Tiger Woods speaks on golfing future: ‘Never full time, ever again’

Woods sat down for his first in-depth interview since the February car crash in which the golf legend sustained severe injuries.

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Golf legend Tiger Woods sat down for his first in-depth interview since the Los Angeles car accident earlier this year in which his right leg was severely injured.

Woods was driving to a GolfTV appearance on Feb. 23 when he veered his 2021 Genesis GV80 across a median on Hawthorne Boulevard in Rolling Hills Estates, rolled over multiple times, then crashed into a ditch.

Tiger Woods hits his tee shot on the 15th hole during the final round of the PNC Championship last December at the Ritz Carlton Golf Club in Orlando, Florida. (Photo: Mike Ehrmann/Getty Images)

In an exclusive interview Monday from his south Florida home with Golf Digest via Zoom, Woods addressed an eventual return to the sport, saying, “I think something that is realistic is playing the tour one day — never full time, ever again — but pick and choose, just like Mr. [Ben] Hogan did. Pick and choose a few events a year, and you play around that.” 

William Ben Hogan was a professional golfer whose winnings make him the fourth most-winning player of all time. Hogan’s prime career spanned 1938 to 1959, but in 1949, he and his wife survived a near-fatal car accident that left him almost debilitated by his injuries. Hogan later returned to golf professionally, but he would pick and choose what tournaments to play. A permanent gallery dedicated to Hogan’s life, career and comeback is on display at the United States Golf Association Museum and Arnold Palmer Center for Golf History in New Jersey.

Back in current times, Woods references the late golf great’s approach. “I think that’s how I’m going to have to play it from now on,” he says. “It’s an unfortunate reality, but it’s my reality. And I understand it, and I accept it.”

Woods reminded Golf Digest’s Henni Koyack of the five surgeries he had on his back, including a spinal fusion in 2017. After that injury, he said, he “had to climb Mt. Everest one more time.”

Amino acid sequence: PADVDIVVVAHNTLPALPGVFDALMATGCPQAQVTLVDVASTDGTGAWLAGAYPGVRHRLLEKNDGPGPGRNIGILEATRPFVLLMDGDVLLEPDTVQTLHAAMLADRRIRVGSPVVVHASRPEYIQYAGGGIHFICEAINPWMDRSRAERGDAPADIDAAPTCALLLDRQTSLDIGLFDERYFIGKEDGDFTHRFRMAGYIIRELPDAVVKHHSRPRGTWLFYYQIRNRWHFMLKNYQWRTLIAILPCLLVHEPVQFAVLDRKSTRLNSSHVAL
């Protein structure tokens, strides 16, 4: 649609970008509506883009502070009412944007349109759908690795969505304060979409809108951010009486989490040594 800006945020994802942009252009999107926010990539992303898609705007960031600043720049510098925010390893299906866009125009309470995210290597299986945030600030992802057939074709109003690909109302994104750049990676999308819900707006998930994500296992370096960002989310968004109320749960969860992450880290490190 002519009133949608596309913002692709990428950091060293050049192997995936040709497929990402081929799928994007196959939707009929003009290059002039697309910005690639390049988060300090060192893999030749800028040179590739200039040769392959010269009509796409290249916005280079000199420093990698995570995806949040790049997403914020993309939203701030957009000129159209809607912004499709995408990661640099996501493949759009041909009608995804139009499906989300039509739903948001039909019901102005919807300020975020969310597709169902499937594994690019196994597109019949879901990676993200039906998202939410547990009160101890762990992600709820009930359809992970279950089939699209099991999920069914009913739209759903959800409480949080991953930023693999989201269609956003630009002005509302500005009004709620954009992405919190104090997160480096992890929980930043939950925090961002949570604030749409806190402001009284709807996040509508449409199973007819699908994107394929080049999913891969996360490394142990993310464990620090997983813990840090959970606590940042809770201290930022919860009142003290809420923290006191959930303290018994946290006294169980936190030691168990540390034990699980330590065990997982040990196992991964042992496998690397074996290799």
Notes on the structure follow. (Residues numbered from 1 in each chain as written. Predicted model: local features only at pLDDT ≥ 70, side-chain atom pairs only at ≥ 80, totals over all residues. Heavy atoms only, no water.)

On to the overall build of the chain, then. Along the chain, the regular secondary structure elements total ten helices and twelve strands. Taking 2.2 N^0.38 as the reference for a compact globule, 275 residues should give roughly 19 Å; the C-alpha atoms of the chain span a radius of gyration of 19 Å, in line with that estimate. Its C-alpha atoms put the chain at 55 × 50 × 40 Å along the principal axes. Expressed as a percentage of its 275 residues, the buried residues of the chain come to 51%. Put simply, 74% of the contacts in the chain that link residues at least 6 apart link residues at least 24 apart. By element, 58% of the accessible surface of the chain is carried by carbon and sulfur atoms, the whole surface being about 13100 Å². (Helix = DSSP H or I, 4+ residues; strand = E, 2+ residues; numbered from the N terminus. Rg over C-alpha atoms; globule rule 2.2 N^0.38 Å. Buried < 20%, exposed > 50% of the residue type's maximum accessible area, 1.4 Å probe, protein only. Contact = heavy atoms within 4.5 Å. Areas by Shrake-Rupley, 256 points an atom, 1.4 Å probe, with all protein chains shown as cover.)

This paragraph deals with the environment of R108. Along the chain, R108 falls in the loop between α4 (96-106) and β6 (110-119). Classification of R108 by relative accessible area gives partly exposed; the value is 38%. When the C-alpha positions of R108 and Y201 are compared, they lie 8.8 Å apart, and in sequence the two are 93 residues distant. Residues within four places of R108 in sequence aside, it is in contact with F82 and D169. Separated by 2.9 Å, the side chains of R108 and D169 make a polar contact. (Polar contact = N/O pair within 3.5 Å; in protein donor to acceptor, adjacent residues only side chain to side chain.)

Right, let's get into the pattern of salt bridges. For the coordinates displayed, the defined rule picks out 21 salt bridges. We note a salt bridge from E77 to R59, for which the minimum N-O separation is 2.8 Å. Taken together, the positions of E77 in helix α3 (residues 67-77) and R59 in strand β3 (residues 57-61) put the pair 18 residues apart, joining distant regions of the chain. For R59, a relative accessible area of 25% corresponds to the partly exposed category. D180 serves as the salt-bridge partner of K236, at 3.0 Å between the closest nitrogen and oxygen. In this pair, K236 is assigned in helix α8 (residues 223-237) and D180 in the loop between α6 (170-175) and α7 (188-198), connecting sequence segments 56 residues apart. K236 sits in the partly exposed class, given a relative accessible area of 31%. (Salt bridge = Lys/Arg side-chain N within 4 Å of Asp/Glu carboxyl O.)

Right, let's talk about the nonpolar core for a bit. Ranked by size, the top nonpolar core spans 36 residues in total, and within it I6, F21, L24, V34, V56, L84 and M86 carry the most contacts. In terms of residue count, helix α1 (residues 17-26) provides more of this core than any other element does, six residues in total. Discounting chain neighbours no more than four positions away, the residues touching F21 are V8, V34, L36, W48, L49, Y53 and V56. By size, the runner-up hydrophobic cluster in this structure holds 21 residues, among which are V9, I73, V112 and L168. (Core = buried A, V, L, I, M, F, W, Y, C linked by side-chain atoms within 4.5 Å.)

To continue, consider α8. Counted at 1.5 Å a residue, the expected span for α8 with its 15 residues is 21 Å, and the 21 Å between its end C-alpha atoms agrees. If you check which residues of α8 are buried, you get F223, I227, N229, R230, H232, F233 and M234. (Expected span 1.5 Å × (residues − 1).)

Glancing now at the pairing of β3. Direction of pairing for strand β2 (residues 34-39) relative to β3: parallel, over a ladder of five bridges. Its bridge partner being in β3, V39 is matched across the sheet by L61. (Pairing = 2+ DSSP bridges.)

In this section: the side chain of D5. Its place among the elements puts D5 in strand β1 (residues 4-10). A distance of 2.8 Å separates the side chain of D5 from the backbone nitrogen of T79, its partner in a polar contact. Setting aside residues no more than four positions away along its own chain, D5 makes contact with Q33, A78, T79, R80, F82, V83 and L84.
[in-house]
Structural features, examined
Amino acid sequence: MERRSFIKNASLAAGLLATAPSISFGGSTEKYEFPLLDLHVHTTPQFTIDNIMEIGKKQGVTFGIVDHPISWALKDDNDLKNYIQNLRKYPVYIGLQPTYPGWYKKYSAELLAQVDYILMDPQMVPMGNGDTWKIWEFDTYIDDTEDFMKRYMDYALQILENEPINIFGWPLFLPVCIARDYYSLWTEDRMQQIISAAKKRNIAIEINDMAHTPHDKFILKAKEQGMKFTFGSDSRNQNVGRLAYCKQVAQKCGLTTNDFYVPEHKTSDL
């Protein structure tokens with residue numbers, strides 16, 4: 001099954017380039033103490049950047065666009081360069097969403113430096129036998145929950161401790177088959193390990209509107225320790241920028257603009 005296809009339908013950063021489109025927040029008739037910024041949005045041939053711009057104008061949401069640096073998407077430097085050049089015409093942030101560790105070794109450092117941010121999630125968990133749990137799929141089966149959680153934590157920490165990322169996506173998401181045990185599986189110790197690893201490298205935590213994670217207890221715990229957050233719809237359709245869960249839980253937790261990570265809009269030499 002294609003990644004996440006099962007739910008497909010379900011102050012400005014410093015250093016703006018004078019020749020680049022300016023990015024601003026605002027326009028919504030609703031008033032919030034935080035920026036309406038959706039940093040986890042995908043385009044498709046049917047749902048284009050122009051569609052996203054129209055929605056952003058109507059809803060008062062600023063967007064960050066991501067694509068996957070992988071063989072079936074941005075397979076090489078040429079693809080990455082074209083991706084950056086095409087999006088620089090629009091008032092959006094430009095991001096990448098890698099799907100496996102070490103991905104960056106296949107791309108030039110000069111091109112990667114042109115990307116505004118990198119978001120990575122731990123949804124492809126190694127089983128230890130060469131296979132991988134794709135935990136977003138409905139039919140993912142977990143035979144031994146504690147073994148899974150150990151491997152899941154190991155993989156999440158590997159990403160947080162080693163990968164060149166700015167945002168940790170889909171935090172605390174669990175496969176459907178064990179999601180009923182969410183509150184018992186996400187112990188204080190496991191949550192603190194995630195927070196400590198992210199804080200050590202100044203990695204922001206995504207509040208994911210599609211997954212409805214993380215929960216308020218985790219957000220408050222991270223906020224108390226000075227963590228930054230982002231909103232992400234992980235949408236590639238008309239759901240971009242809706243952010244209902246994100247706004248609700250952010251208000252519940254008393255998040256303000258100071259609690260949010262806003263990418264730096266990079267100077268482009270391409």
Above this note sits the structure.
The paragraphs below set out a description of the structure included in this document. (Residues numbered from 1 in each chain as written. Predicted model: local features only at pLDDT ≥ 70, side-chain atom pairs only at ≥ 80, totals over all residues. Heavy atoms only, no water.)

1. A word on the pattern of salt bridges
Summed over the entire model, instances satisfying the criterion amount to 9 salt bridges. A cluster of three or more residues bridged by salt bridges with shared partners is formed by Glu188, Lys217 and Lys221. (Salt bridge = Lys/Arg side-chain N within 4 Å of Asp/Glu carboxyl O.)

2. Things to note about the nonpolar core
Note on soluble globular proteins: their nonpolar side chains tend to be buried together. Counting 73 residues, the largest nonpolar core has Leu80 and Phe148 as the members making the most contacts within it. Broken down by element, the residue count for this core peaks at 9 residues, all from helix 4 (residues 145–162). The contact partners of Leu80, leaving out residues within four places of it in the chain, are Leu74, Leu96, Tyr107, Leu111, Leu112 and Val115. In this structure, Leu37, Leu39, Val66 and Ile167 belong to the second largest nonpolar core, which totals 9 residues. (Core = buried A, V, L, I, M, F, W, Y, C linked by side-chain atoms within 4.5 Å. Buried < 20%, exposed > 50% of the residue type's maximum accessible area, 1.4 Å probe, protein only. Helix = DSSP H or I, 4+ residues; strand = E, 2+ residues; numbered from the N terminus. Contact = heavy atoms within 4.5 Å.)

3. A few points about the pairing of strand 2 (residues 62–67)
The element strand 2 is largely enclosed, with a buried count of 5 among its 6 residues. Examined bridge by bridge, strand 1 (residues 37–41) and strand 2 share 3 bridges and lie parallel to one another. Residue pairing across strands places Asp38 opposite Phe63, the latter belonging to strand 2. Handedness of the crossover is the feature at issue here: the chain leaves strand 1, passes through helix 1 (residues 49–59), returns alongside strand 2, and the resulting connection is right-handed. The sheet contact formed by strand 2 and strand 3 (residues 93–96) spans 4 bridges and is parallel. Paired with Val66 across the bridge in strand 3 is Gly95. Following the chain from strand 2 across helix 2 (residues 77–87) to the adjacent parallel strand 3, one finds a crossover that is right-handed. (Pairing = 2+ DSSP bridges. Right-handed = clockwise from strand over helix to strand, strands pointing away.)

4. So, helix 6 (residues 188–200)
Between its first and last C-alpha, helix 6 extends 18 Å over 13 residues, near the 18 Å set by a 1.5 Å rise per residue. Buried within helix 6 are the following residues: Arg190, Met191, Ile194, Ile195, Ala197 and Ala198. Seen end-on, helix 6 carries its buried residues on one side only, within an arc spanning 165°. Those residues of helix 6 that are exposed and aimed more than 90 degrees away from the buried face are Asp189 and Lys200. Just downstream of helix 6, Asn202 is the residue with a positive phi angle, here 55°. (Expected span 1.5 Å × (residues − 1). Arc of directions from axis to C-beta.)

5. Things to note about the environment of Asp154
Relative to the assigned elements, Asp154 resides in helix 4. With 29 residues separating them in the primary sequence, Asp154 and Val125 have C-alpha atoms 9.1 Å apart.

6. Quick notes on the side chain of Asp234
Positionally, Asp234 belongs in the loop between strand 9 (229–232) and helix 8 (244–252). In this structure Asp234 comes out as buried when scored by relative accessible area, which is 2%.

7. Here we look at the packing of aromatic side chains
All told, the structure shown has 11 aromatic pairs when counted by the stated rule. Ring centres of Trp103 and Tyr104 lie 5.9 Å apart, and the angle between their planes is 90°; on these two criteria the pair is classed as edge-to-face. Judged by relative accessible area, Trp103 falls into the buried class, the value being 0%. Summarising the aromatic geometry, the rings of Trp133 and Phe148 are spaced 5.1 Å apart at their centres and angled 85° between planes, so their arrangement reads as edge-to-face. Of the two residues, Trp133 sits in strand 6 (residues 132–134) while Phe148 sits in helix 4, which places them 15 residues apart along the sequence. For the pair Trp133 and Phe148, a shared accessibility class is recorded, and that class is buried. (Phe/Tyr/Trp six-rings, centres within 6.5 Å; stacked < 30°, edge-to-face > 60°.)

“I had to do it, and I did,” Woods declared. “This time around, I don’t think I’ll have the body to climb Mt. Everest, and that’s OK.” 

If his leg completely recovers, Woods says, he still doesn’t think “climbing the mountain again and getting all the way to the top” is a “realistic expectation.” 

There was talk about whether Woods’ leg would have to be amputated, he said. He spent three weeks in the hospital and more time afterward in a rehabilitation facility. 

Last week, Woods shared a short video on Twitter of himself on the golf greens, fueling hopeful speculation that he would soon return to the PGA. However, he made it clear that he’s nowhere near that in reality. 

“I have so far to go … I’m not even at the halfway point,” he said. “I have so much more muscle development and nerve development that I have to do in my leg. At the same time, as you know, I’ve had five back operations. So I’m having to deal with that. So as the leg gets stronger, sometimes the back may act up. … It’s a tough road.”

Meanwhile, Woods has been enjoying watching his 12-year-old son, Charlie, play in golf tournaments around Florida. He noted young Charlie has a temper, but said he reminds the child: “Your head could blow off for all I care just as long as you’re 100-percent committed to the next shot. That’s all that matters. That next shot should be the most important shot in your life. It should be more important than breathing. Once you understand that concept, then I think you’ll get better.” 

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